HAND-STICHED PATCHWORK RALLI QUILT | PAKISTAN, MEGHWAR TRIBAL VILLAGE, THARPARKER DESERT, SINDH
Old utilitarian hand-stiched patchwork ralli quilt hanging/bedcover/throw made by Sindhi tribal woman in rural Pakistan. 128 x 230cm.
Red and pale blue square and triangle design bordered by borders of royal blue, yellow, green and pink. With an outer boarder of printed cotton. Backed with handloom (khan) brown / badge cotton.
The rural villages of Tharparker (Thar desert) in Sindh province are located in one of the more remote regions of Pakistan. The huts are round and made of mud with thatched rooted and are located in clusters surrounded by walls - each is a family compound and many compounds clusters together into a village. The huts have compressed mud / dung floors that has been polished to a very hard, cement-like consistency. There is no electricity and water is collected from a well. I was told the well water is quite polluted now and only villagers can drink it without being sick. The women are often subject to the practice of PURDAH which is a Muslim rule where women are not allowed out of their villages ever. The men must shop at the nearby town or hawkers come to the village to sell fabrics, threads and food.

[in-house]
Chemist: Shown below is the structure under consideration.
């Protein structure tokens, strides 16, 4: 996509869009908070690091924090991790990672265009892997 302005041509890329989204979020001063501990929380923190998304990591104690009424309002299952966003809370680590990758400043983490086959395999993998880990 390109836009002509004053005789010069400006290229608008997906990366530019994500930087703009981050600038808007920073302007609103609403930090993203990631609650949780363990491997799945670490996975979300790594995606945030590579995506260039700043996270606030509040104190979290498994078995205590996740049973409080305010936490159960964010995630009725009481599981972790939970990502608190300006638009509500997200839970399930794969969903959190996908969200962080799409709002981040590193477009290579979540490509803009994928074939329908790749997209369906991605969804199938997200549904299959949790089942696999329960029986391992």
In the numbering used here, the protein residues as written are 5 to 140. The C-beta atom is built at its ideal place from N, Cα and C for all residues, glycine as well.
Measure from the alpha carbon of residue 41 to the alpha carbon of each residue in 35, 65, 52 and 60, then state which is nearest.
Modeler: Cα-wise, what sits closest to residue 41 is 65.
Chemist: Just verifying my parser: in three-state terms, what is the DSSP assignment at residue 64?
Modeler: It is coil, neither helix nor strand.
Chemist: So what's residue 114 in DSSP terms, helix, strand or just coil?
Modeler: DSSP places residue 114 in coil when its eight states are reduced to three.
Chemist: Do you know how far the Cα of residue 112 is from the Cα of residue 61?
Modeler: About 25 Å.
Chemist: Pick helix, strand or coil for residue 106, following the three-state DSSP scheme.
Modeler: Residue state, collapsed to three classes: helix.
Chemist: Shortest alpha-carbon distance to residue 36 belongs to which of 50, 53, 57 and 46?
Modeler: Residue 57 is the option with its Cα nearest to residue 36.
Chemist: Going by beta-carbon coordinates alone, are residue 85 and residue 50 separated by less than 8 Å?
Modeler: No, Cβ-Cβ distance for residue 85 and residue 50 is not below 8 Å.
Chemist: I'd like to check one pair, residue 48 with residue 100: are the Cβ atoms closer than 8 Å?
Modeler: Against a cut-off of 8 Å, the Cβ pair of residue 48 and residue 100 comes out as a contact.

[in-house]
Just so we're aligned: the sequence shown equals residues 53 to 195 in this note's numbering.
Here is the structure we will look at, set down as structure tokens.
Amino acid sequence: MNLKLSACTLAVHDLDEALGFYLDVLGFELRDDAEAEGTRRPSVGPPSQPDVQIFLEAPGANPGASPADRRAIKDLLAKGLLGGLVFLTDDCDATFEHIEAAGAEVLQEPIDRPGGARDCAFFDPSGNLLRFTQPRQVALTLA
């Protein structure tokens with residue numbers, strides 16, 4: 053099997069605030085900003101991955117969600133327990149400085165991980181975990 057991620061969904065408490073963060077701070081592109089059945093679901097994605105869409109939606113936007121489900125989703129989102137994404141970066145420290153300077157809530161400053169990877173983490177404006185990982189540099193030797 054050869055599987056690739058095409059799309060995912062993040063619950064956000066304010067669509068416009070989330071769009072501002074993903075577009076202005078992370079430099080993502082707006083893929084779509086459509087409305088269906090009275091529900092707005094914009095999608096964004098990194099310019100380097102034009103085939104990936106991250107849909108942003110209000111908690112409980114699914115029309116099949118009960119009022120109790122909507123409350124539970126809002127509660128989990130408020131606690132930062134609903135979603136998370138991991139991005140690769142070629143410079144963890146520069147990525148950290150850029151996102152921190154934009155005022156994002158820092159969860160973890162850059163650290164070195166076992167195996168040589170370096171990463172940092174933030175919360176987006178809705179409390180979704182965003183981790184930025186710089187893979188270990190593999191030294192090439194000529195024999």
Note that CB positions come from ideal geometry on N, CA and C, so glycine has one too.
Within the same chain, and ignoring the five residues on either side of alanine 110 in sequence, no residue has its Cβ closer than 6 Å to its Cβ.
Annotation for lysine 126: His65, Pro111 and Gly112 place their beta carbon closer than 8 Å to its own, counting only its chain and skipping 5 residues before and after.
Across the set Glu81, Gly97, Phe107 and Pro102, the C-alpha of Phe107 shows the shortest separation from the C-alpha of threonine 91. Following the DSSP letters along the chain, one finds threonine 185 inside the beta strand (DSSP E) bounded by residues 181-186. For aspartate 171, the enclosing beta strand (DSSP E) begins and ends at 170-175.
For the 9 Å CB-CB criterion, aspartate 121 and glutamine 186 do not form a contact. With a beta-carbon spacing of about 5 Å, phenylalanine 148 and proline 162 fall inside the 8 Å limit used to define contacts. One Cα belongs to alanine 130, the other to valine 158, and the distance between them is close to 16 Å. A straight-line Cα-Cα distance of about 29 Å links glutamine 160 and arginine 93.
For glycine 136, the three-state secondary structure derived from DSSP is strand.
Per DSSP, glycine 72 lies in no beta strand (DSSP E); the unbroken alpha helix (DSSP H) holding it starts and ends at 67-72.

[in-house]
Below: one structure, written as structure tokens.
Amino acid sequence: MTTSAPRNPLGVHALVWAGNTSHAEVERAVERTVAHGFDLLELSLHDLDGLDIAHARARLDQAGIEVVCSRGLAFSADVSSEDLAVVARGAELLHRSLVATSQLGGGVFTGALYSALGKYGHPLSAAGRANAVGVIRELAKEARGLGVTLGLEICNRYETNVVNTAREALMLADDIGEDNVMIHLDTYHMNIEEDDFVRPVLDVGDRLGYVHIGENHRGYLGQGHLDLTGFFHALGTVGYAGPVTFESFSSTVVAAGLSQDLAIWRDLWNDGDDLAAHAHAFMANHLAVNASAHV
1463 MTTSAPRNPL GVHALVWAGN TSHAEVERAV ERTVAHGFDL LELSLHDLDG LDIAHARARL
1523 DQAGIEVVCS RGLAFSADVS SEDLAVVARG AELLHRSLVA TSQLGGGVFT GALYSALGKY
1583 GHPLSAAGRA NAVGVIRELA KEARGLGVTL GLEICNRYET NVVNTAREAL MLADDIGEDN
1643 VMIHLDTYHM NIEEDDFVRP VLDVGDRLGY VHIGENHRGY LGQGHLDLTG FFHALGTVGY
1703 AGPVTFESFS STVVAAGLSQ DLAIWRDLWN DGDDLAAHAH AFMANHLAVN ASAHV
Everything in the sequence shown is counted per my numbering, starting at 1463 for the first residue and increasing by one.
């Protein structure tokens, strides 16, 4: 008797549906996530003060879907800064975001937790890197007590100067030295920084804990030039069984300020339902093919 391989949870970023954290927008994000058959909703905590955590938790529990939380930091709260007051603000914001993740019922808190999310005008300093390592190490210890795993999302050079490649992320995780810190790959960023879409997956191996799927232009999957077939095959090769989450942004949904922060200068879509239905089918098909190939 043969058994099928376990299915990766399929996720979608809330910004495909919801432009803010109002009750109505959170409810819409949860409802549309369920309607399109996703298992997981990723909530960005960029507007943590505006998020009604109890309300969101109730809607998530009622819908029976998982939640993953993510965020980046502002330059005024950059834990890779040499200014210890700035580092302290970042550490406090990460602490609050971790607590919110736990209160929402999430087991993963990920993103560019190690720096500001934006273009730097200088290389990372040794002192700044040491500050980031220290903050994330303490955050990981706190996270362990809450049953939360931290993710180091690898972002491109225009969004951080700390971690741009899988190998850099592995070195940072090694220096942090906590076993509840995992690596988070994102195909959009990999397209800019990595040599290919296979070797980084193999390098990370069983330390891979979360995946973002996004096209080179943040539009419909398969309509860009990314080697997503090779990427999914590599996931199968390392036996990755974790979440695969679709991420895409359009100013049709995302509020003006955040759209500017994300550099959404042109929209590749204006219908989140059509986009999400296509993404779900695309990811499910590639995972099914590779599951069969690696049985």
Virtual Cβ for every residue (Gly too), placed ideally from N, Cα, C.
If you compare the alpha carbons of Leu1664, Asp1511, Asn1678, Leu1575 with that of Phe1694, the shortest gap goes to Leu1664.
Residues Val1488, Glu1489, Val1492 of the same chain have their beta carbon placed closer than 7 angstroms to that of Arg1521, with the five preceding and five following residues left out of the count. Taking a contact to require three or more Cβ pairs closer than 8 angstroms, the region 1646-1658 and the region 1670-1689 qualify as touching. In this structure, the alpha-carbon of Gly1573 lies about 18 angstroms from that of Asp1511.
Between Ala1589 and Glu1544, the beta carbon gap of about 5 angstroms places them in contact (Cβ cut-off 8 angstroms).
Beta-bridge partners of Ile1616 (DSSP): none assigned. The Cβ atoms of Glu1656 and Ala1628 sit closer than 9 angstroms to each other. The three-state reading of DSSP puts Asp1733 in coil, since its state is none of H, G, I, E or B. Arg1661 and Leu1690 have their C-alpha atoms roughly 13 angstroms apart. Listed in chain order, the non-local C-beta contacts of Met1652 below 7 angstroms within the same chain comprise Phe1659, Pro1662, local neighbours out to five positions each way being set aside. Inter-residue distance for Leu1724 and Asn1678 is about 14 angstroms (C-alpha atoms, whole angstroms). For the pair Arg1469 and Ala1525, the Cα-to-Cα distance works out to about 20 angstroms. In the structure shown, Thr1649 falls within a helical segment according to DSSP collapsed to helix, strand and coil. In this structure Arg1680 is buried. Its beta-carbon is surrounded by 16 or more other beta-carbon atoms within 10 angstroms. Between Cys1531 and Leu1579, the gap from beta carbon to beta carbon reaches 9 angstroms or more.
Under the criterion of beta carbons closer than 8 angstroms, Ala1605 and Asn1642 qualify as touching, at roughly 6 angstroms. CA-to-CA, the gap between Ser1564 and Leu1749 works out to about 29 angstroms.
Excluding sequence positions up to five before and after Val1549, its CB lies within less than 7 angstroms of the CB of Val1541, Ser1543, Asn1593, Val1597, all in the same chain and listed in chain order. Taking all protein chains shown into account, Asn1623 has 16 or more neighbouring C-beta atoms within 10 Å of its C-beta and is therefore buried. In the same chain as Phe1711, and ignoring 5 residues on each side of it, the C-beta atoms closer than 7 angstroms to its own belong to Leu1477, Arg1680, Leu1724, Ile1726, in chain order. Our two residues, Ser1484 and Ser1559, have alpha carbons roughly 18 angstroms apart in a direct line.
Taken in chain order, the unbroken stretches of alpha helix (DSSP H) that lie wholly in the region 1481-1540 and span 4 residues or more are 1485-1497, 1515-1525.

It is a wonderful thing to see the quilts these women make. They have patterns in their head and cut the fabrics without paper patterns or any instructions. The women reuse old fabric from shawls, skirts, saris and other clothing to make these quilts that are then used to sit on the ground, to make cover beds, to cover household items like mirrors, by the snake charmers to hold their snakes and blankets on donkeys and camels. They are used by nomads in their tens and often can be seen drying on fences and brushes after a wash by the river.